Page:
Sarah Vogelsong

Sarah Vogelsong

Sarah is the Mercury's environment and energy reporter, covering everything from utility regulation to sea level rise. Originally from McLean, she has spent over a decade in journalism and academic publishing and previously worked as a staff reporter for Chesapeake Bay Journal, the Progress-Index and the Caroline Progress. She is the recipient of a first place award for explanatory reporting from the Society of Environmental Journalists and has twice been honored by the Virginia Press Association as "Best in Show" for online writing. She was chosen for the 2020 cohort of the Columbia Energy Journalism Initiative and is a graduate of the College of William and Mary. Contact her at [email protected]

With coal in crisis, will Virginia be saddled with millions in mine cleanup costs?

By: - July 24, 2020

As the COVID-19 pandemic accelerates King Coal’s decline, Virginia could be on the hook for millions in cleanup costs if an anticipated wave of bankruptcies destabilizes its bond pool system for managing the risks of company failures.  One of six states, all in or near the Appalachian basin, that allow coal companies to post partial […]

living shoreline

Virginia’s coast saw two to five times more nuisance floods in 2019 than the national average

By: - July 17, 2020

With sea level rise continuing to accelerate along the Atlantic and Gulf coasts, Virginia coastal communities in 2019 saw two to five times more nuisance flooding than the national average, a federal report released this week shows.  “Evidence of a rapid increase in sea level rise-related flooding started to emerge about two decades ago, and […]

electric vehicle charging station

Electric vehicle use is rising. But who should be at the wheel during the transition?

By: - July 16, 2020

With new laws that aim to reduce carbon output from power plants now in effect, Virginia officials are laying the groundwork to tackle a much more complicated source of emissions: vehicles. Almost half of the commonwealth’s carbon emissions can be traced back to transportation — trucks, airplanes and, of course, cars. But unlike the electric […]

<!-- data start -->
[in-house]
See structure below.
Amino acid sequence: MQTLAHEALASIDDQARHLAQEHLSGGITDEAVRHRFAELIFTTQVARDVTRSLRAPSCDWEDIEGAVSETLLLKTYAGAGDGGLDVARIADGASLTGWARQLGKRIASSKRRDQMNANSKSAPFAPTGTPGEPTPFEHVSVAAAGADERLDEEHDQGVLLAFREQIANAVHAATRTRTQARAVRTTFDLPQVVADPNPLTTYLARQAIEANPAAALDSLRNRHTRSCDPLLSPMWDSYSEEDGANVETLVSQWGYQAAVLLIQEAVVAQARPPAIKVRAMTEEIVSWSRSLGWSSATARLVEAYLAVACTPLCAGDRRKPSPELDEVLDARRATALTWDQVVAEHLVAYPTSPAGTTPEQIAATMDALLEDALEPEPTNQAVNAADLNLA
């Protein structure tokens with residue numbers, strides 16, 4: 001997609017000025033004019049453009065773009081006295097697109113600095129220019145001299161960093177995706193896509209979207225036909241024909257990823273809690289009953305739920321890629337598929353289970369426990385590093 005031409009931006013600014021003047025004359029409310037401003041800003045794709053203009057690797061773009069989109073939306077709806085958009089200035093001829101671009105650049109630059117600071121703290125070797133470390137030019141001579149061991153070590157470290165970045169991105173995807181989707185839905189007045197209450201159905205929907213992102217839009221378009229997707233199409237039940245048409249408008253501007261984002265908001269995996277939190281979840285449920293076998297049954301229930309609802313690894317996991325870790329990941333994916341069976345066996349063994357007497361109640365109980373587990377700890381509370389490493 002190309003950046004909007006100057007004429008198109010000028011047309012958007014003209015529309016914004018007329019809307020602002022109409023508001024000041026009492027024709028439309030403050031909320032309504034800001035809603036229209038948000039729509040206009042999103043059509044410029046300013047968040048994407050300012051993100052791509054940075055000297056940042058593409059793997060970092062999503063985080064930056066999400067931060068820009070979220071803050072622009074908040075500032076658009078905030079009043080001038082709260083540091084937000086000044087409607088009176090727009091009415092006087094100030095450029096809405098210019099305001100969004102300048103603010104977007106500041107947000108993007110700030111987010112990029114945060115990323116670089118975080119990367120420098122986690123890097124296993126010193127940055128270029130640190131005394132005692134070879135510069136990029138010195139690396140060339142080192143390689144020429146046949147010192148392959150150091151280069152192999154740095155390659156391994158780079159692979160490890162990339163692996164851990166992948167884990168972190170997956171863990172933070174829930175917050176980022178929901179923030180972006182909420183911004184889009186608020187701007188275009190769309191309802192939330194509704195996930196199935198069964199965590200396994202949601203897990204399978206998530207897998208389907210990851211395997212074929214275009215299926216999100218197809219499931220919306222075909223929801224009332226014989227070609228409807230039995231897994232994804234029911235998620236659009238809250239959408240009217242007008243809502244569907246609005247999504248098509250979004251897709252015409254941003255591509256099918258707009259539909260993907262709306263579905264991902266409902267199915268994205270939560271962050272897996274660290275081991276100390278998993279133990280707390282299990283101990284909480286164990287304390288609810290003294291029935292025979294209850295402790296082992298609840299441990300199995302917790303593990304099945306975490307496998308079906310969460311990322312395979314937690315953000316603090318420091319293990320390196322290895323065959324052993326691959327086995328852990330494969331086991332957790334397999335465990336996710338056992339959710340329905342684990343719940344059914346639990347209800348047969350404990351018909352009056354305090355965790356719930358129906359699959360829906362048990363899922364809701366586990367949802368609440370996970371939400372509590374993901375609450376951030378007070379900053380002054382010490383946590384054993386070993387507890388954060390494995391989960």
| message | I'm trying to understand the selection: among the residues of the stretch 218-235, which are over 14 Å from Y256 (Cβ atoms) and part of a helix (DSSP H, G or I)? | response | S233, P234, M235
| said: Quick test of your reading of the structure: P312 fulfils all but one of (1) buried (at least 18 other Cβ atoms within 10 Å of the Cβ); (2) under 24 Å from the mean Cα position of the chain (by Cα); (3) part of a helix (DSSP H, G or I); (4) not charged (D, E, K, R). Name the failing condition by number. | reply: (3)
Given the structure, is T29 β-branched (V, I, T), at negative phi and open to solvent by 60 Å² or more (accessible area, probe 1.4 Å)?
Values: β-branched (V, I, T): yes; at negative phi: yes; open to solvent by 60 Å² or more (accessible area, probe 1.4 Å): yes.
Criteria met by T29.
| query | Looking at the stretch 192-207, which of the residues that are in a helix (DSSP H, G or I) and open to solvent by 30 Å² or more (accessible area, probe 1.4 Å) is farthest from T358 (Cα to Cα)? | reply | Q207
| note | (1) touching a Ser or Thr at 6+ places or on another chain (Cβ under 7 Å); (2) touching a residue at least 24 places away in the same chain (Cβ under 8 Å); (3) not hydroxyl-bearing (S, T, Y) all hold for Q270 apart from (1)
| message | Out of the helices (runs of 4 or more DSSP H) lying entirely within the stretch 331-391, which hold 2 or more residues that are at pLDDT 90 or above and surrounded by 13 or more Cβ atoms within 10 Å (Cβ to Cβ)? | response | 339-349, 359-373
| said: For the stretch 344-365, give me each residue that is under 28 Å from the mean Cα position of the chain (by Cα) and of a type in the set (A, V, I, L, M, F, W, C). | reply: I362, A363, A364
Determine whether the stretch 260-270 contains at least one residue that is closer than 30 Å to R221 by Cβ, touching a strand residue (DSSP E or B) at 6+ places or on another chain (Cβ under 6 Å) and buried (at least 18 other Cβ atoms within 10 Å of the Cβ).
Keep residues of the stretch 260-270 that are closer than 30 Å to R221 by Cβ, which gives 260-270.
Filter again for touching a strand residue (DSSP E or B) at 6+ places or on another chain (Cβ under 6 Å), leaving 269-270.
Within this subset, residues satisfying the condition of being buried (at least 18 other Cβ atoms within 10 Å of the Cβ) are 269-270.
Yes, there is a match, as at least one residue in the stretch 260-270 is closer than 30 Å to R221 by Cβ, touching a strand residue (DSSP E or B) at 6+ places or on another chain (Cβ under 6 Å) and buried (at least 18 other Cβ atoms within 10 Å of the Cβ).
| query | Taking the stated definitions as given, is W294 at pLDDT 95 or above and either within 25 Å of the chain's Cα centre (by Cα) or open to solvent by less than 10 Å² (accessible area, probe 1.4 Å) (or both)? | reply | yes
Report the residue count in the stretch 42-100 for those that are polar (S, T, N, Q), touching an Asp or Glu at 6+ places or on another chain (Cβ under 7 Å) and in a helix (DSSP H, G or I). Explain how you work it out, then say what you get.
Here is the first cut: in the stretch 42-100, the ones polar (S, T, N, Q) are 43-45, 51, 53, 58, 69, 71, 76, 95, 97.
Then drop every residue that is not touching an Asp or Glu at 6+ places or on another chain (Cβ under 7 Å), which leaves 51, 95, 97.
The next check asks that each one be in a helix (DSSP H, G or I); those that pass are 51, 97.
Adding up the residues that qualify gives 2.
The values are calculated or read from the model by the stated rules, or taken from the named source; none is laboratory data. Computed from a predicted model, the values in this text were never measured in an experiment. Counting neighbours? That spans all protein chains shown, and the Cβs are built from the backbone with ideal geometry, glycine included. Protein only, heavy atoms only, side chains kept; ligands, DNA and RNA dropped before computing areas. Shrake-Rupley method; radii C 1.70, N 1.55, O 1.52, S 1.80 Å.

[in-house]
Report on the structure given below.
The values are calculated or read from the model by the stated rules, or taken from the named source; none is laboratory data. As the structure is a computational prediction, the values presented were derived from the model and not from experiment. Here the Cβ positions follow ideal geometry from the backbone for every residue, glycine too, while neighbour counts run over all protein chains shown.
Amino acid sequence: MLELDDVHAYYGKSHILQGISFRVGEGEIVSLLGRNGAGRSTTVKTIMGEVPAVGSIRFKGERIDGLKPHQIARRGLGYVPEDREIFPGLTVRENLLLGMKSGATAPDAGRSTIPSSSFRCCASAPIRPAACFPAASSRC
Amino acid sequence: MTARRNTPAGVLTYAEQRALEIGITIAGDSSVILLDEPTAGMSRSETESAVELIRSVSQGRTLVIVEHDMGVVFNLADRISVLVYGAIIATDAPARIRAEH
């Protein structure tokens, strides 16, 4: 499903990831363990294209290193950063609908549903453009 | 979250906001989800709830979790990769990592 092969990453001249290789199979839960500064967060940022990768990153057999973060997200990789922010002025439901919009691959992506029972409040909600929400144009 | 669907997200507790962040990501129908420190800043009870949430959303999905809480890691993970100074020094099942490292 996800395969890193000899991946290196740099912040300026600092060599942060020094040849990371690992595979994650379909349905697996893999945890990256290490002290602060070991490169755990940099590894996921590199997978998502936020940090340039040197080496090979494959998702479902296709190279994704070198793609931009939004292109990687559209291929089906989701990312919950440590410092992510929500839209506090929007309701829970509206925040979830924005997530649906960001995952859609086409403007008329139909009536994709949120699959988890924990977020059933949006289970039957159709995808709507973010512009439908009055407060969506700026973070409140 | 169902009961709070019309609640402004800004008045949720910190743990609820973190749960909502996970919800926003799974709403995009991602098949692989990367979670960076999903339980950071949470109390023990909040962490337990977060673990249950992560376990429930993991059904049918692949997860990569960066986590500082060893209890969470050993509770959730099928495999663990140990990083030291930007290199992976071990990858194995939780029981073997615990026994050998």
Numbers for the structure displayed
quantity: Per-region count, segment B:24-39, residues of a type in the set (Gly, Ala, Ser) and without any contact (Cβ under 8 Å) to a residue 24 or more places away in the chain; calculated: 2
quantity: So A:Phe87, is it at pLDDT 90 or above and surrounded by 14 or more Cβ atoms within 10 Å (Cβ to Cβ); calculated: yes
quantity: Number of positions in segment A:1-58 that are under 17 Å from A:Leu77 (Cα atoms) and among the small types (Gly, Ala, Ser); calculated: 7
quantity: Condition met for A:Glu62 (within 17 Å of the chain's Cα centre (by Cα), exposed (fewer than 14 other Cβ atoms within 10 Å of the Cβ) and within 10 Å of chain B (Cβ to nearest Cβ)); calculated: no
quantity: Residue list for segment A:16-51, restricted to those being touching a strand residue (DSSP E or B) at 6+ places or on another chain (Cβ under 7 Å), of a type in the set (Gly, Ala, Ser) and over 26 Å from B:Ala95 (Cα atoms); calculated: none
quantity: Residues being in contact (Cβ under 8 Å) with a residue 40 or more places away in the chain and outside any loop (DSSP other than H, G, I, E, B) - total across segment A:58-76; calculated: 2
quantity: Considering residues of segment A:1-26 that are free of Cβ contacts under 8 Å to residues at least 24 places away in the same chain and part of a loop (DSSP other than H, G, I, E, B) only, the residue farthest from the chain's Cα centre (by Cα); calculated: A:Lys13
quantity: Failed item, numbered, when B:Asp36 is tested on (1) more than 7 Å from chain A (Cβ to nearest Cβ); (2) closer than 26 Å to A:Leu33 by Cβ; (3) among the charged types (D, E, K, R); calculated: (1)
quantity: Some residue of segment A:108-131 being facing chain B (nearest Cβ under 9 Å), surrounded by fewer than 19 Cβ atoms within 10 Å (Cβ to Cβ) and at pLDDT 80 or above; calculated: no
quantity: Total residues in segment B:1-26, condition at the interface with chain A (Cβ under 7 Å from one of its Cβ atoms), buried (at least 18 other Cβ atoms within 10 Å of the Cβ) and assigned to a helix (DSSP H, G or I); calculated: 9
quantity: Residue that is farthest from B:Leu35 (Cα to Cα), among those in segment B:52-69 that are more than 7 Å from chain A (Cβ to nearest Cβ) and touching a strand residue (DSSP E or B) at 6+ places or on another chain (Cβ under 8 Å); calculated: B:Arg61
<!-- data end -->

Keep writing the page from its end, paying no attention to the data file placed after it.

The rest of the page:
State defends refusal to release poultry plant COVID-19 information

By: - July 10, 2020

The Virginia Department of Health defended its refusal to release information on COVID-19 outbreaks in poultry plants, saying the poultry plants don’t operate like long-term care facilities and the state has been able to identify cases among workers without having to notify the public. VDH previously cited a section of state code regarding privacy to […]

Virginia Supreme Court upholds decision blocking Walmart from electricity choice

By: - July 10, 2020

The Supreme Court of Virginia quashed Walmart’s effort to buy energy from companies other than state utilities Dominion and Appalachian Power Company Thursday when it upheld an earlier decision by the State Corporation Commission blocking such an attempt. “Despite its ostensible complexity, this case boils down to a simple conclusion: The commission believed that now […]

Virginia won’t release data on COVID-19 outbreaks at chicken plants, despite nursing home reversal

By: - July 9, 2020